The Dynamics of a Critical Rivalry
Richardson and Fielding: The Dynamics of a Critical Rivalry is the first book-length study of one of literature's most persistent and influential rivalries. Using an adaptation of Hans Jauss's reception theory, it surveys the recurring dichotomies projected onto Richardson and Fielding by all types of eighteenth-, nineteenth-, and twentieth-century readers. Even when the rival is not mentioned directly, readers usually make it pointedly clear that one author is being privileged at the other's expense. It has always been safely assumed from the publication of Shamela in 1741 until today that "Richardsonians" are not "Fieldingites" by definition, and vice versa. This curious critical phenemenon can be seen as a kind of harmless literary parlor game, but the ramifications of the rivalry actually extend deep into our perceptions of the nature of the British novel.
Today's debate about the literary canon is often long on theoretical generalizations but short on historical specifics. A chronological and objective view of the Richardson/Fielding opposition is therefore necessary not only as a case study of how critics have used one author's works to set the "horizon of espectation" for the rival's, but also for the specific ways critics have contrasted Richardson and Fielding so that their works are now a foundation for the dichotomized ways we process the history of the English novle. Because Pamela, Clarissa, Sir Charles Grandison, Joseph Andrews, Tom Jones, and Amelia are among the earliest and most influential of English novels, readers searching for family trees of literary influence have often traced strains of the novel back to one author or another, claiming them to be founding fathers of "opposing" subgenres and narrative styles.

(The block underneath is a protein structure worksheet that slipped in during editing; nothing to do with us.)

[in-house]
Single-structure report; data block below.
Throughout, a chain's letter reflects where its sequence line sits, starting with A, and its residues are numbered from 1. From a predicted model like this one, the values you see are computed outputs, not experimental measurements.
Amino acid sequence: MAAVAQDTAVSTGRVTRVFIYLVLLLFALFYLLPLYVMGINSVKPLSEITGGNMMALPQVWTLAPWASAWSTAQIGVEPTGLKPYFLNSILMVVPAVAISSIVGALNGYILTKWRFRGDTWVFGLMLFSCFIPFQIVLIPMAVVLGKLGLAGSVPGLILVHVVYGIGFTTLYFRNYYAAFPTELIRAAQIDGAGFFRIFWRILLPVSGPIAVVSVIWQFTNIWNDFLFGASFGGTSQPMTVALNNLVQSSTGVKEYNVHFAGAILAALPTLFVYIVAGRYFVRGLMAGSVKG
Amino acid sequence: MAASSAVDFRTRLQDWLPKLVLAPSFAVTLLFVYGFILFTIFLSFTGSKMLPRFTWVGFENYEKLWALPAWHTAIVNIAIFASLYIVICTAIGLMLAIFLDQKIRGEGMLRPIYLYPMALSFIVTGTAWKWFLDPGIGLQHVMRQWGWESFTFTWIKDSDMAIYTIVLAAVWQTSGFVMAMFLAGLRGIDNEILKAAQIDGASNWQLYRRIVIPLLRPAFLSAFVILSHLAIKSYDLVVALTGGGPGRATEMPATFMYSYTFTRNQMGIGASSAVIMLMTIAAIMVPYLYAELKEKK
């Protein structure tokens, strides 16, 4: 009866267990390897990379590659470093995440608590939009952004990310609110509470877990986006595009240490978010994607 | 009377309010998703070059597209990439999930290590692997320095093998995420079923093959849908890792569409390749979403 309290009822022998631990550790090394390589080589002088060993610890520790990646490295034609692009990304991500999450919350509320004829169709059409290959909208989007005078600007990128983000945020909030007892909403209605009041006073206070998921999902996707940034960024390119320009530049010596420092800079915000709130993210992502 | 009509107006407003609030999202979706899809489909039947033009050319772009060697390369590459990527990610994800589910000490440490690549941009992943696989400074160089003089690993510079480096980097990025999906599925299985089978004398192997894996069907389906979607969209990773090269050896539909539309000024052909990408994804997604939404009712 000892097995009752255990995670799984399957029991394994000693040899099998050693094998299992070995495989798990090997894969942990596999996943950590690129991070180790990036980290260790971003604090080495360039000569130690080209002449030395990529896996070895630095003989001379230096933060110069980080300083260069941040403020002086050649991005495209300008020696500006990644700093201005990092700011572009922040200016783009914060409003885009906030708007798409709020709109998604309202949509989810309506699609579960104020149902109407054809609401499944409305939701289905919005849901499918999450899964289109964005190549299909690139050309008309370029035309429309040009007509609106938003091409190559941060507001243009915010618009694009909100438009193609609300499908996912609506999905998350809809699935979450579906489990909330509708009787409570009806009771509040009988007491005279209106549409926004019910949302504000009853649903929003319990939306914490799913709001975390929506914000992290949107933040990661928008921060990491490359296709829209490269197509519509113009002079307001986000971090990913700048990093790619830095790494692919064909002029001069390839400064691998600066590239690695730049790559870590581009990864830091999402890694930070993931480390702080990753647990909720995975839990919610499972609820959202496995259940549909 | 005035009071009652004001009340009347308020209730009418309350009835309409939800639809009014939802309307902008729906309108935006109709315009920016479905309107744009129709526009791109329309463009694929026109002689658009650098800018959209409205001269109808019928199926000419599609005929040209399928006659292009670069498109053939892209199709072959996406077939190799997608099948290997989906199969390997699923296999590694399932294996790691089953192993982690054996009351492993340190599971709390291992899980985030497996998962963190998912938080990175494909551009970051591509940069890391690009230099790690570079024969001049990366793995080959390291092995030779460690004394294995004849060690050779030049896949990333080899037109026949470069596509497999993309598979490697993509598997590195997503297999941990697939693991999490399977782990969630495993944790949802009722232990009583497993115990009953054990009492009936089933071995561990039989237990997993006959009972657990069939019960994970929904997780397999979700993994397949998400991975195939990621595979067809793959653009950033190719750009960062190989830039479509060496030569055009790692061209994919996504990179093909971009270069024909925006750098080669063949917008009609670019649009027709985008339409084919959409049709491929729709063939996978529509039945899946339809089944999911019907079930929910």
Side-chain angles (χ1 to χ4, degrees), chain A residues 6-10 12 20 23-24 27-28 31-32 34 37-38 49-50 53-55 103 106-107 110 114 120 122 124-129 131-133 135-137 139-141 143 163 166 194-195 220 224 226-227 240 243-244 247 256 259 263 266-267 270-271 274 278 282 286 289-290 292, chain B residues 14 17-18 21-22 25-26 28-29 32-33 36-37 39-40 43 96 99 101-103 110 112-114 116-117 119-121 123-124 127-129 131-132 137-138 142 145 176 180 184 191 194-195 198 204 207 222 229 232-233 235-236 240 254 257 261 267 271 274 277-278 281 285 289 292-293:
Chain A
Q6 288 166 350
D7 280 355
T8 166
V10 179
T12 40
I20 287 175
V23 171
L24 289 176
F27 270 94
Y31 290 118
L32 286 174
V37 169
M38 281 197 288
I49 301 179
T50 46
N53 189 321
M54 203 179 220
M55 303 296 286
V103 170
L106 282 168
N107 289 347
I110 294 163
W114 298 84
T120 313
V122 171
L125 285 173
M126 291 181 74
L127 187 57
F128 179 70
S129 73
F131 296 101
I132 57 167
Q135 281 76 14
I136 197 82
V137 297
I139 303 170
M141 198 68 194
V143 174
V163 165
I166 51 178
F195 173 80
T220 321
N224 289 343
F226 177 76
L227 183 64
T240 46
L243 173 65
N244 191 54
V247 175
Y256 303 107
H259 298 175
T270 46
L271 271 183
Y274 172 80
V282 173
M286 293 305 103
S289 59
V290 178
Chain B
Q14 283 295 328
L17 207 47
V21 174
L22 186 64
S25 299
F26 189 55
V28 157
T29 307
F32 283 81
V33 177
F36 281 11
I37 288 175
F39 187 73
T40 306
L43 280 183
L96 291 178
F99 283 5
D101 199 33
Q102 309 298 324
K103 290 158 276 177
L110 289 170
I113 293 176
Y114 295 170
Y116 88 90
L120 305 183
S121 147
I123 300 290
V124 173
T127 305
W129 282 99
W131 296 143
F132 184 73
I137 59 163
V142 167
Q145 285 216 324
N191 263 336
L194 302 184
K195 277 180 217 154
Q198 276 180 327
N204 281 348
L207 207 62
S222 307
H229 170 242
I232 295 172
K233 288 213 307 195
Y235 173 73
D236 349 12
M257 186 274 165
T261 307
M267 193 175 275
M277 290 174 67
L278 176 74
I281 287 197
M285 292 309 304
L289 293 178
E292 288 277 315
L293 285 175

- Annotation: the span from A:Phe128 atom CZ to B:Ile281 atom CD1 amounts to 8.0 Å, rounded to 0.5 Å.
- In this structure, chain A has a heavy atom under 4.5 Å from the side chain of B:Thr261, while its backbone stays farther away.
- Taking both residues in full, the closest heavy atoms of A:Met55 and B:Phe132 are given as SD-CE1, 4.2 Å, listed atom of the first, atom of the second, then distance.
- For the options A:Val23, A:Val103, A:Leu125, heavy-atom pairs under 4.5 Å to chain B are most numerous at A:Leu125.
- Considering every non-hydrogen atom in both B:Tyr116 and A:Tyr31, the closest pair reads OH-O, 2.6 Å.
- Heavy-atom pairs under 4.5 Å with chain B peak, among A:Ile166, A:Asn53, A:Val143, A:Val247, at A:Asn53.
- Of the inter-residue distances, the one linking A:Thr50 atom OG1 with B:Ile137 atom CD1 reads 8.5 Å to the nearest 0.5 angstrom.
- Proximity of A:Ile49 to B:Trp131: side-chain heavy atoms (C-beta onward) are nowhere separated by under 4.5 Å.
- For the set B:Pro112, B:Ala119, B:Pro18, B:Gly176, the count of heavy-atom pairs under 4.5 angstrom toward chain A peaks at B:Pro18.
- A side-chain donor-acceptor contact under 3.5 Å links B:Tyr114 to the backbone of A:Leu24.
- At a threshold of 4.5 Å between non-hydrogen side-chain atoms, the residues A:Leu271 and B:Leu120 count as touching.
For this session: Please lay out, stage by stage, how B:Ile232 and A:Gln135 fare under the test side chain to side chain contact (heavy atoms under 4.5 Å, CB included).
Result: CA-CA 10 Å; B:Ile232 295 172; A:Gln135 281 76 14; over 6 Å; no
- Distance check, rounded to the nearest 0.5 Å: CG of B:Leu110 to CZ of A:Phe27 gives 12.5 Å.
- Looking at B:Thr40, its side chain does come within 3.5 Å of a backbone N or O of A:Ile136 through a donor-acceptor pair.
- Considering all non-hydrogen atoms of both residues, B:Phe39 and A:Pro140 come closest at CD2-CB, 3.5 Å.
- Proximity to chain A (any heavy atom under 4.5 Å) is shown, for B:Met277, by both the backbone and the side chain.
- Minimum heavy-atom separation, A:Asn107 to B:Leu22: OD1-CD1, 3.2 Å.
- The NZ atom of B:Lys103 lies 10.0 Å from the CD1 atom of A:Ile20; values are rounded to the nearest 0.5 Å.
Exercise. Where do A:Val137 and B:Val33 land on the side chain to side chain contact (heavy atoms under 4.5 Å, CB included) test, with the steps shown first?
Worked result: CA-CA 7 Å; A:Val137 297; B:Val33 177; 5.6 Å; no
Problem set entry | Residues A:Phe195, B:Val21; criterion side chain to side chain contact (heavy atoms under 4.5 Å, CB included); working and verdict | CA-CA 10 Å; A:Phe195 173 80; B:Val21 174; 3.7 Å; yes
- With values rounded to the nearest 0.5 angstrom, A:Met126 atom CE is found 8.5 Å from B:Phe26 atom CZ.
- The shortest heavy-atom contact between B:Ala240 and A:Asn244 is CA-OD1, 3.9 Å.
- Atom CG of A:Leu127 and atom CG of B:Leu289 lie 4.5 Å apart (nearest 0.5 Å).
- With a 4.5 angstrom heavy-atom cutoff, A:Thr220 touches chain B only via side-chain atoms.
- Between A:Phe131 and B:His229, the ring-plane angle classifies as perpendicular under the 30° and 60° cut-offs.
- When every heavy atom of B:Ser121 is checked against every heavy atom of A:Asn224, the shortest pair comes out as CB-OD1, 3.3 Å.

Even apart from its serious implications for literary history, the story of the Richardson/Fielding rivalry is a fascinating source of critical passions, prejudices, scholarly irresponsibility, wit, and often surprising interrelations between the literary tastes and cultural environments of the day.
About the author:
Allen Michie's degrees in English include a B.A. from the Univerisity of North Carolina at Chapel Hill, a M.A. from Trinity College, Oxford University, and a Ph.D. from Emory university. He has taught as a visiting assistant professor of English at Coastal Carolina University. Michie is now a visiting assistant professor of English at Wake Forest University. His most recent publication, also for Bucknell University Press, is "Between Calvin and Calvino: Postmodernism and Bunyan's The Pilgrim's Progress," in Questioning History: The Postmodern Turn to the Eighteenth Century, edited by Gregory Clingham.